CLOSING UP SHOP
Lamenting the death of Record Hog
BY CAMILLE DODERO
The best record stores are kind of like living art installations, and Somerville’s Record Hog is one such place. Nestled on the ground level of a noble brownstone two blocks from Cambridge’s Porter Square, the secondhand shop is a slapdash composition of scratched spines, handmade rock posters, and dusty curios (including the requisite Elvis bust). It’s the kind of place where Artie Shaw albums mingle with Throbbing Gristle’s Greatest Hits, where three fuzzy felines flail around the floor, and where the price stickers plunked on merchandise sometimes seem arbitrary. " There’re some inconsistencies here, " admits owner Ina Purins, a recycled-music veteran who says she’s worked at " every record store this side of the river " over the past 20 years. " It depends on my mood — some days I’m more ruthless than others. For example, somebody might wonder why John Denver’s still $1.99 and, say, Aretha Franklin is a dollar. But I try to be careful who I diss. "
Unfortunately, places like this are an endangered species, and the five-year-old Record Hog is one of the dying specimens. Due to dwindling sales over the last two years, Purins will shutter the business in " two or three weekends " and shuffle it to a new location in Sterling, Massachusetts — a " sleepy " Western town that’s closer to her Lancaster home. But even though the name will follow the milk-crated wares, Purins doesn’t envision the new storehouse as a retail outlet. " We’re in an old cider mill in a cool building with artists and artisans, but it’s surrounded by apple orchards, " she says. " I don’t know if we’ll initially have the walk-in business. " Instead, she intends to sell her catalogue online: " If it weren’t for the Internet, my business probably wouldn’t survive. "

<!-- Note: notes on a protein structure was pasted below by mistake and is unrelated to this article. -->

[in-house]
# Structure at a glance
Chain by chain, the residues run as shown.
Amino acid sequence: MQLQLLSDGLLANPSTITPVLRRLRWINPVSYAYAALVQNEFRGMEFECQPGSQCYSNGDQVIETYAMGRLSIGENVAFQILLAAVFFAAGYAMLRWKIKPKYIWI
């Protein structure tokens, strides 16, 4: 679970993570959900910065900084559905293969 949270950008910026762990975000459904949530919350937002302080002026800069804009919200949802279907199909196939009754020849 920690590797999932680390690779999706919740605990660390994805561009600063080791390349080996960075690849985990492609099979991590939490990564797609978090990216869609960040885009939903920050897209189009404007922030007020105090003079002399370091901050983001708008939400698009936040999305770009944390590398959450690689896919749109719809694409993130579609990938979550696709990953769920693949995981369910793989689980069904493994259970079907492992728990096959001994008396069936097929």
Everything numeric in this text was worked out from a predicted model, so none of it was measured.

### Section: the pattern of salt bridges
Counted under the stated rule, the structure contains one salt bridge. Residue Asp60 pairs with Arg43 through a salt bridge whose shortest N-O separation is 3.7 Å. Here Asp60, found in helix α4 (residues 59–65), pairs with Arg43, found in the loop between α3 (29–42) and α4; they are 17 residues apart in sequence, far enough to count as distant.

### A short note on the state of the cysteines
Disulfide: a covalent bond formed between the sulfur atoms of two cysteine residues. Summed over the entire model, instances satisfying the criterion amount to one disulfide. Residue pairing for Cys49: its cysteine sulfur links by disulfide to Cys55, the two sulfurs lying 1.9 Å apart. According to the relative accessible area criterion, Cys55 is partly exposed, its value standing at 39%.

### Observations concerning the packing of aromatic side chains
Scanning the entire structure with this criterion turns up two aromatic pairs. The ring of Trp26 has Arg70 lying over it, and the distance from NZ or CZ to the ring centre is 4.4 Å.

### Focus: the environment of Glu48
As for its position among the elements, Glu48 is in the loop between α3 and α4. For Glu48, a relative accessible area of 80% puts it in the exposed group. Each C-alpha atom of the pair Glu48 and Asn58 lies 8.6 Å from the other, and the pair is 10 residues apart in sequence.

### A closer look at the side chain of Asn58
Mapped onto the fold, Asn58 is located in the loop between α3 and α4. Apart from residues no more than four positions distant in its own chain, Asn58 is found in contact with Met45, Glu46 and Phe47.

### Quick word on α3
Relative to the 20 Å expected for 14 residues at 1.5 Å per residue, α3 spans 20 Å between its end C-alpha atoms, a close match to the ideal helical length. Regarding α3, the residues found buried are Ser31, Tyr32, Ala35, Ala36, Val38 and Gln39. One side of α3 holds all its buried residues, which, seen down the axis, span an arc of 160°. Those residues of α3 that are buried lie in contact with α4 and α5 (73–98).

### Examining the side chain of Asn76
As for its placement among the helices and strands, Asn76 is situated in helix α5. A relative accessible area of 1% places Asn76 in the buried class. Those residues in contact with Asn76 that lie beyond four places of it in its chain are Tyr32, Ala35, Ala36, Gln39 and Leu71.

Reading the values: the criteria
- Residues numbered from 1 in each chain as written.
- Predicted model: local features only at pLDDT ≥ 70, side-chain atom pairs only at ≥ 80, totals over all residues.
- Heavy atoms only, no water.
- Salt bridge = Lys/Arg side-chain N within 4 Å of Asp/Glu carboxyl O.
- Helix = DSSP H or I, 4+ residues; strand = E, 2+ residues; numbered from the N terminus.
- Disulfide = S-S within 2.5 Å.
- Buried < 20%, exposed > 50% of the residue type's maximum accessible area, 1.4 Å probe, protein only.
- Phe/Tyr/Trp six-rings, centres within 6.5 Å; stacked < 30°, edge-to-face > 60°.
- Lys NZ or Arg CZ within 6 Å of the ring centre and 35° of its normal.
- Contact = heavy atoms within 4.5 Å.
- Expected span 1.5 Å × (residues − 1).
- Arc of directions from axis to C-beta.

Of course, if it weren’t for the Internet (and CD burning), Purins would probably have a better walk-in business. " If you look around town, all the used stores are hurting, " says Robert Hart, proprietor of Davis Square’s Disc Diggers, a 17-year-old secondhand nook not too far from Record Hog. " I talk to everybody about what’s going on, and we’re all having the same problem: we were all dependent on college clientele, and it’s not there anymore. Now my in-store clientele is all over 30. Whether it’s downloading or CD burning, I don’t know — it’s probably a little of both. " Eight months ago, Hart also took his stock online, and already, Web purchases make up about one-third of Disc Diggers’s total revenue. Without the Internet presence, he says, " I wouldn’t be in business. "
As of last Sunday, Record Hog’s final move date still wasn’t settled. " I’ve been putting it off and putting it off, " Purins says. " But it’ll definitely be before February first — I don’t want to pay another month’s rent. "
Record Hog, located at 368 Beacon Street, in Somerville, is open Tuesday through Friday from " twoish " to " sixish, " and Saturday and Sunday from " noonish " to " sixish. " Call (617) 868-4647 or visit www.recordhog.com
Issue Date: January 9 - 16, 2003
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